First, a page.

§ 25. Mr. Jeger
asked the Minister of Pensions and National Insurance how many contributors to the graduated retirement pension scheme have retired before paying the amount which would entitle them to al increased pension; and whether he will seek powers to refund their contributions to those who can never qualify for benefit.
§ Mr. Jeger
Is the right hon. Gentleman not aware that there must be, a large number of people who have paid in amounts of about £3—I have several constituents who fall into that category—knowing very well that they will never be able to draw anything? In view of the fact that this scheme was inaugurated in order that people should benefit from the increased payments that they make, is it not a gross swindle that money should be taken from them when they can draw no increased old-age pension from it?
§ Miss Herbison
Surely the right hon. Gentleman is aware that what he said about the flat-rate pension has obtained for a long time, long before the swindle of a graduated pension scheme was introduced? Is he not aware that it is not only those who have retired who are finding this difficulty, but that there is the person such as a school cleaner who once or twice a year has to pay into this graduated scheme and will never have any hope of getting any benefit from it?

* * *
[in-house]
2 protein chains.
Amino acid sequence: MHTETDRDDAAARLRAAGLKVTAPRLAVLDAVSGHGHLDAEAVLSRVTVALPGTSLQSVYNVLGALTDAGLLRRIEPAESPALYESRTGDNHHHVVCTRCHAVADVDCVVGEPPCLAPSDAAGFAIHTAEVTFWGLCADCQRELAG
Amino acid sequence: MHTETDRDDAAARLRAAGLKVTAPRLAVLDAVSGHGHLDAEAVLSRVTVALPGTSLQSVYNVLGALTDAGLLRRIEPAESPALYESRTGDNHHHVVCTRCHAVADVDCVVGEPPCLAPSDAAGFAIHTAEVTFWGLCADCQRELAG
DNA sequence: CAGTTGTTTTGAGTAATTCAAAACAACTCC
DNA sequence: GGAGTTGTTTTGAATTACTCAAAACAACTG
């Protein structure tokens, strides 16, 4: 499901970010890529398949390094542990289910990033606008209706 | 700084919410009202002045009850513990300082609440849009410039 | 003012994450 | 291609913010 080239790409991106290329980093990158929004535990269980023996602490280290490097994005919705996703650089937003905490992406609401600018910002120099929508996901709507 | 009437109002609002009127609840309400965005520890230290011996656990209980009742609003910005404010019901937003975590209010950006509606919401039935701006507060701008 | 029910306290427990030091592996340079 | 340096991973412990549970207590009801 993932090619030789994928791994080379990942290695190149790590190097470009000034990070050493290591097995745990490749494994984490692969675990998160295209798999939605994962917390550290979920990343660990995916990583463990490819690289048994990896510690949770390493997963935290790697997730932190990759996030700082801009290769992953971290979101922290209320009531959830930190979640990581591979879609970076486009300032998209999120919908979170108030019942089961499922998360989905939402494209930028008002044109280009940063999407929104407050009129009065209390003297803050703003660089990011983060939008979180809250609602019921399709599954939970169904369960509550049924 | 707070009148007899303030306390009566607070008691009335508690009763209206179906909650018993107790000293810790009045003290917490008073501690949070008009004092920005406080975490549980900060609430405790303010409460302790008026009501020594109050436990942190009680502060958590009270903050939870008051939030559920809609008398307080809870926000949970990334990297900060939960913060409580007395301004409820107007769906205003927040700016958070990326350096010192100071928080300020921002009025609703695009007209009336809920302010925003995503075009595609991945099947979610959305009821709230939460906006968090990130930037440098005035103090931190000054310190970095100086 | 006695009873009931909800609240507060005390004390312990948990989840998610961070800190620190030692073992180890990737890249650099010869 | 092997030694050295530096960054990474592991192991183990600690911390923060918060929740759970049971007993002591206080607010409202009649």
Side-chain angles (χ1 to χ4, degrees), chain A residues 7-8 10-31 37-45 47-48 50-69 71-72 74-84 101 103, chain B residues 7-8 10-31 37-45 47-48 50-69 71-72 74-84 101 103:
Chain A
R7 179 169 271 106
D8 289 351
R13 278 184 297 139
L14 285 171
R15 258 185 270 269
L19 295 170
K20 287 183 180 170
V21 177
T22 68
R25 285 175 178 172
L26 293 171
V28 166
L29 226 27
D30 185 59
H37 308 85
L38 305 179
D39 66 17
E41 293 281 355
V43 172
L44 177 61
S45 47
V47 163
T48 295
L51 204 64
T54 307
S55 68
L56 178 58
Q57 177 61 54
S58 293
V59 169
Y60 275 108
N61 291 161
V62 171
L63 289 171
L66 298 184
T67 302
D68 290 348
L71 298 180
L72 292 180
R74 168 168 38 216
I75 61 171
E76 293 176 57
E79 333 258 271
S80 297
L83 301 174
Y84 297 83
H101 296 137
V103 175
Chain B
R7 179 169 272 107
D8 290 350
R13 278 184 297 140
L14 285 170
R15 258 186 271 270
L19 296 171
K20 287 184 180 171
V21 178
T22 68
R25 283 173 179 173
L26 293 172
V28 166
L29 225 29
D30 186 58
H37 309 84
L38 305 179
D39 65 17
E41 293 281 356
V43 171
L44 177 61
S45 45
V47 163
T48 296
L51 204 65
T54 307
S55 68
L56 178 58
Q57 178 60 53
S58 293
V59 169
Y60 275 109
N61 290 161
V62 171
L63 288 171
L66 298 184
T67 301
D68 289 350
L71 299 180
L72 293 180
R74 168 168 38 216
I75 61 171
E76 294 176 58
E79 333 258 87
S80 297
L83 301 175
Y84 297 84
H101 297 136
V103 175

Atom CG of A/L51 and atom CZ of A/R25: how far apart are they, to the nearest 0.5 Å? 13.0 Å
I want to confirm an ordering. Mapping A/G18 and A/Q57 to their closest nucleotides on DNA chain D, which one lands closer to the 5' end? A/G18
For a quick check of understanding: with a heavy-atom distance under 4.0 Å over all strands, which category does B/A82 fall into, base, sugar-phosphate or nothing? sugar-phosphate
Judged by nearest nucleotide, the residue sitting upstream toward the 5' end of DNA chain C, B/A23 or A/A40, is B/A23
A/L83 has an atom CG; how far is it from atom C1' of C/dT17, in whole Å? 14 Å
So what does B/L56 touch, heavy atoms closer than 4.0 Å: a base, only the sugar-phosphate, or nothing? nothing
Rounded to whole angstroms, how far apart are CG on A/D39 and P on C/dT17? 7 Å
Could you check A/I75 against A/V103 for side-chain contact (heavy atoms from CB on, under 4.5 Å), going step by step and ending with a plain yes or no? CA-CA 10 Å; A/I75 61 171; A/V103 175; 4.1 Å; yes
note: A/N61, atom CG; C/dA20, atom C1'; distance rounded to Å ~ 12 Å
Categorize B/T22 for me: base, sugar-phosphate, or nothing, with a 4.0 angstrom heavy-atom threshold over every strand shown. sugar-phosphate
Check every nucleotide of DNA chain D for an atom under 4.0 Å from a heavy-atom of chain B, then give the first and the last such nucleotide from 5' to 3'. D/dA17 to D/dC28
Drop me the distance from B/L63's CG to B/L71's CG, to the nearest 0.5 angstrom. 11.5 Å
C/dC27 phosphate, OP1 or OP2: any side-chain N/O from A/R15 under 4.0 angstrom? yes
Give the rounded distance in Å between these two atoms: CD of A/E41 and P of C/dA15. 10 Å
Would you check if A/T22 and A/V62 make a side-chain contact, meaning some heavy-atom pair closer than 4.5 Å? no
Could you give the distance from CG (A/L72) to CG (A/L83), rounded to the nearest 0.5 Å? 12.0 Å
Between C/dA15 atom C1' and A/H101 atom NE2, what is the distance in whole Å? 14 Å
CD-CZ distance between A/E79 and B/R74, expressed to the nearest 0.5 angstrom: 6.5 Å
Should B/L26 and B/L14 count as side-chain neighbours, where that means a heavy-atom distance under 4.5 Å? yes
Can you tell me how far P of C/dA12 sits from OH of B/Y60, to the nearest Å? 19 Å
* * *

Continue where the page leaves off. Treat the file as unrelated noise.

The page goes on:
§ Mr. Wood
I do not think the hon. Lady is right about that. I think the kind of person she mentioned would have hope of getting something from it. In fact, as I explained to her some time ago, those who have paid half the cost of a unit get a whole unit. If the hon. Gentleman's suggestion were adopted and we refunded these "useless" contributions we should have to alter the system so that a whole unit would not be earned unless a whole contribution had been paid.
§ Mr. Jeger
Does the Minister realise that, apparently, he is ignorant of the way the scheme works? Everyone who is asked to pay and forced to pay into the fund does so on the assumption that he is paying for something additional to the flat-rate pension. The calculations are made by the employer who makes the 24 deductions to keep the fund entirely separate, and it must, therefore, be kept separate in the right hon. Gentleman's own Department. Why is he perpetrating and continuing this swindle on the poorest people who will never be able to draw upon it?
§ Mr. Wood
I suspect, from this last supplementary question, that I probably know as much about it as the hon. Gentleman does. It is only necessary to explain to him, I think, that the graduated contributions, in fact, go towards paying for all National Insurance benefits, not only retirement pensions.